1. jdiebdhidbsusbvwbsidnsoskebid

          Re: This is ridiculous

          I've got a patent for something that has no reference to the working model in the patent application. There is a working model, just that it isn't mentioned in the patent.

          If you insist that something can only be patented if you have a working model then you skew the patent system in favour of organisations with big resources to build those models, and against the individuals that actually have the idea.

          If you create an algorithm for something and can show the mathematics and proof of it, why should you be excluded from protecting that idea simply because you have not got, say, the processing power required to demonstrate it on?

    2. Michael Wojcik Silver badge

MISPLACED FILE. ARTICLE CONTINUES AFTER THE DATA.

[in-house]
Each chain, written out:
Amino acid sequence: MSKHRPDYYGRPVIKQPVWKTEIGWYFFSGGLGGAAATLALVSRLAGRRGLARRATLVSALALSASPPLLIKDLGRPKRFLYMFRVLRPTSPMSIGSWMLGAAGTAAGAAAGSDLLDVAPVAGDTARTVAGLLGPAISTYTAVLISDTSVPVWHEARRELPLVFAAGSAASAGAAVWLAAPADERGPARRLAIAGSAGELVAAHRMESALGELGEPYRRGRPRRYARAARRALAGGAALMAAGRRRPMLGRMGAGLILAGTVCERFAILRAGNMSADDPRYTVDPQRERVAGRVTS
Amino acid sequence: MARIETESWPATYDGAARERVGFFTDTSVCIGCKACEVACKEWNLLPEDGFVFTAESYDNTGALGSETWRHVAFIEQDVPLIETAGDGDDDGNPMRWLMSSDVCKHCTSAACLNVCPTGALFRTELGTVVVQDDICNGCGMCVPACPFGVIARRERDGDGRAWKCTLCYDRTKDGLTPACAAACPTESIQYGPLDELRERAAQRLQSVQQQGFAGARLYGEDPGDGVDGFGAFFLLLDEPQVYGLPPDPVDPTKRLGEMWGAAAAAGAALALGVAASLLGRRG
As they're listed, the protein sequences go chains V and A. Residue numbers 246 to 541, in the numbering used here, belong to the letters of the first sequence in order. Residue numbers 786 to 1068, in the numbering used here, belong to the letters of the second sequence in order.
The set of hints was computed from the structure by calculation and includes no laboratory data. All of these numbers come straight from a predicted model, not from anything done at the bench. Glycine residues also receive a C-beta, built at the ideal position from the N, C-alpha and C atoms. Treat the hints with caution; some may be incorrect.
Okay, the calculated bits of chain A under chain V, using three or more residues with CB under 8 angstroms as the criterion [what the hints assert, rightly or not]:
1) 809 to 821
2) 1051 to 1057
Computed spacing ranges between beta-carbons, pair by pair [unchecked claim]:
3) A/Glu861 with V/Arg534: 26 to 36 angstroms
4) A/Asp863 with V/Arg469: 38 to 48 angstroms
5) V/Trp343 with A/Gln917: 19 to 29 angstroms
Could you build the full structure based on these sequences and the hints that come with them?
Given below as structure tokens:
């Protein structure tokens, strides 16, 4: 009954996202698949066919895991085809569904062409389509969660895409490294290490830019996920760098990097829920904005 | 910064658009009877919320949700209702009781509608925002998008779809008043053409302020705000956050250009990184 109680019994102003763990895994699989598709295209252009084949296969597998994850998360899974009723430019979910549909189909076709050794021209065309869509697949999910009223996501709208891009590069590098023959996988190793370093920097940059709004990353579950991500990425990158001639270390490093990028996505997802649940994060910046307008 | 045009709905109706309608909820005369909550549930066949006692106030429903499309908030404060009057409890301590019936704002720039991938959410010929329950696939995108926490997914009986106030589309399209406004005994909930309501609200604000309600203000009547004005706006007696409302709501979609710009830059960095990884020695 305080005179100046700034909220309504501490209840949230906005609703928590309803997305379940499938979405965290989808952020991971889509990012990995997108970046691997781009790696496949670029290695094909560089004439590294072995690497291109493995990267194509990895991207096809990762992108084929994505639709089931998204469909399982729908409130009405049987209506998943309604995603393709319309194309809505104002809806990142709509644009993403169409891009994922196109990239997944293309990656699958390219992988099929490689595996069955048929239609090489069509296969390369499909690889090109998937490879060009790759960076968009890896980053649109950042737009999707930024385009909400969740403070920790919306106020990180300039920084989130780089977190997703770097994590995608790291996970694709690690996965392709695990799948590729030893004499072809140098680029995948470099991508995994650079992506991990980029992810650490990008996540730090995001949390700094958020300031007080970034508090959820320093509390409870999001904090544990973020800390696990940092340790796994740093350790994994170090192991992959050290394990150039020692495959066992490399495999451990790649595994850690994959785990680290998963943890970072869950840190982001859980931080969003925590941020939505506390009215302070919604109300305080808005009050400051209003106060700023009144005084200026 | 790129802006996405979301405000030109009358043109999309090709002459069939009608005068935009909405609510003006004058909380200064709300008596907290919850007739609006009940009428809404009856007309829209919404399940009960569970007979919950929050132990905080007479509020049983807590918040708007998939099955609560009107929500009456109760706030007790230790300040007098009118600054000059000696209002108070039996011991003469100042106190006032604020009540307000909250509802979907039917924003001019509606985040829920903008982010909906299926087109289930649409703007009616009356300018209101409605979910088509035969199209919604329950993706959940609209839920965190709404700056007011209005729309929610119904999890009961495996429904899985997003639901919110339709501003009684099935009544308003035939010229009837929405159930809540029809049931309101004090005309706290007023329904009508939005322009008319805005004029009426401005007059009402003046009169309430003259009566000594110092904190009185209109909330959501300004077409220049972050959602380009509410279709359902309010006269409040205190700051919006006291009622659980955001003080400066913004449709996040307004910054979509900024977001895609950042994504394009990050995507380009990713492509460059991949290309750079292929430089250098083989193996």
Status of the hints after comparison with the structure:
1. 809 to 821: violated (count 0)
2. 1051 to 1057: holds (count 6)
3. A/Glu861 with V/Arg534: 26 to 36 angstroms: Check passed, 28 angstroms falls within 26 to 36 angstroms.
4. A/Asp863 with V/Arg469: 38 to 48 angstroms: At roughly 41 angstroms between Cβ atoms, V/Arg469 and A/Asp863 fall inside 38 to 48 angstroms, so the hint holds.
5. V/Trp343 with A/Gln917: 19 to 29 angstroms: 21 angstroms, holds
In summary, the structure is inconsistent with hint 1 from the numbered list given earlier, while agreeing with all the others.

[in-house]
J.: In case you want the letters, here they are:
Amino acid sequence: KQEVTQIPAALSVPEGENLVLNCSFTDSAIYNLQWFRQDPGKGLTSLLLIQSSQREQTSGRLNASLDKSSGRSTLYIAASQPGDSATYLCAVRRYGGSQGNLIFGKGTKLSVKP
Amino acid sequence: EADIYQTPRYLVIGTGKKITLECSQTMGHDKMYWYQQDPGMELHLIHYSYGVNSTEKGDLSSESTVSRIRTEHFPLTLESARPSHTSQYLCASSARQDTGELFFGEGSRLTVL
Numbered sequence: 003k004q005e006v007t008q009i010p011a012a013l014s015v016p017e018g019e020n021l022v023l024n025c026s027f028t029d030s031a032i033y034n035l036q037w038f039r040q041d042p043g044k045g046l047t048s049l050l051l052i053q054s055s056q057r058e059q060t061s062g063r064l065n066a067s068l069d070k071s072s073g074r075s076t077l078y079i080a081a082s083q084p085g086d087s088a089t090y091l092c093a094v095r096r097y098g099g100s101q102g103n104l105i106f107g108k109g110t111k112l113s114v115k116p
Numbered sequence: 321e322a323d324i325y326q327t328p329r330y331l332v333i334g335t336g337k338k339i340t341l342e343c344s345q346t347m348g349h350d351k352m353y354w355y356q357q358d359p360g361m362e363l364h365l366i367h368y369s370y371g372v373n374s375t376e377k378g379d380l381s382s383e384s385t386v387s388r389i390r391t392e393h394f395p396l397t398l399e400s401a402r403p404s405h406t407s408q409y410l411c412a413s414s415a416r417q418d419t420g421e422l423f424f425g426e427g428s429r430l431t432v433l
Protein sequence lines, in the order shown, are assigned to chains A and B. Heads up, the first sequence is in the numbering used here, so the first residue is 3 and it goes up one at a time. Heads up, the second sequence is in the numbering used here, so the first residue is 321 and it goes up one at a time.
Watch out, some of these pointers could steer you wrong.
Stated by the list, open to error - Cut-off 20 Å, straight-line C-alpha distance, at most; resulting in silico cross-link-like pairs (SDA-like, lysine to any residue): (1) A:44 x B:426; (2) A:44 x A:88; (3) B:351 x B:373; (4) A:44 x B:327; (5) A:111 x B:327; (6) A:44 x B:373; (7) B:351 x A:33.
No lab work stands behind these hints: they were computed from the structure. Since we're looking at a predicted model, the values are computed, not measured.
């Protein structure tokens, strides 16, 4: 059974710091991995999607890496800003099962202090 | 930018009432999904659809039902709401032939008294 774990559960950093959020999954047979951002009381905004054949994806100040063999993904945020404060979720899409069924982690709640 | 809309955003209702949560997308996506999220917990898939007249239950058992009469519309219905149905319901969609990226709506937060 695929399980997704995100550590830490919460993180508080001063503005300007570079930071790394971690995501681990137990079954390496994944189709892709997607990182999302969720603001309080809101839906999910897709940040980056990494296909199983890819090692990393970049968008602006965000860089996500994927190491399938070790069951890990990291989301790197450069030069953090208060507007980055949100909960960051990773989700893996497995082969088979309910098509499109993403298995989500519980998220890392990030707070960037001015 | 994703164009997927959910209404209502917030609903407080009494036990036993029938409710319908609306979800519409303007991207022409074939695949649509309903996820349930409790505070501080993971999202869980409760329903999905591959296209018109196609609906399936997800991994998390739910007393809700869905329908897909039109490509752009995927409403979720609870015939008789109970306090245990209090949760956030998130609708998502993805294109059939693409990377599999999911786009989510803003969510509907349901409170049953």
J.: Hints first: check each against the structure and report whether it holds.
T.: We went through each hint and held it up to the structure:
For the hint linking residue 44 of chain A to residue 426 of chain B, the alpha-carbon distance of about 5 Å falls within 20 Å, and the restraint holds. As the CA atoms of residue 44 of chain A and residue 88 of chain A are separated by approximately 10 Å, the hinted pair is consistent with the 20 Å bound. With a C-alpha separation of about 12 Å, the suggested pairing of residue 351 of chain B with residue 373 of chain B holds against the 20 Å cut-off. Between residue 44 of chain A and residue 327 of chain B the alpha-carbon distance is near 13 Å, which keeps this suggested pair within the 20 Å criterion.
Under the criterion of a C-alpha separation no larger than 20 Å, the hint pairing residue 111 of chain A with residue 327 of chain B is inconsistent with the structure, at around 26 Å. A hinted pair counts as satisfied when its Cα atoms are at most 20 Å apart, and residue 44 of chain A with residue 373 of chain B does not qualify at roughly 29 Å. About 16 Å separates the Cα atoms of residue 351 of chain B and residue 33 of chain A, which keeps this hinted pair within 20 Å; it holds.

USPTO publishes their statistics every year. They reject close to half of all applications.

  2. amanfromMars 1 Silver badge

    Que Sera, Sera . Battle against AI and IT has One Jousting Almighty Invented Phantom Enemies.

    "AI and emerging technologies have the potential to dramatically improve our day-to-day lives. They will provide countless and unpredictable benefits to our social well-being not just here in the United States, but around the world. But the bottom line is, we need to get this right.

    "We need to make sure we're setting laws, policies and practices that benefit the US and the world."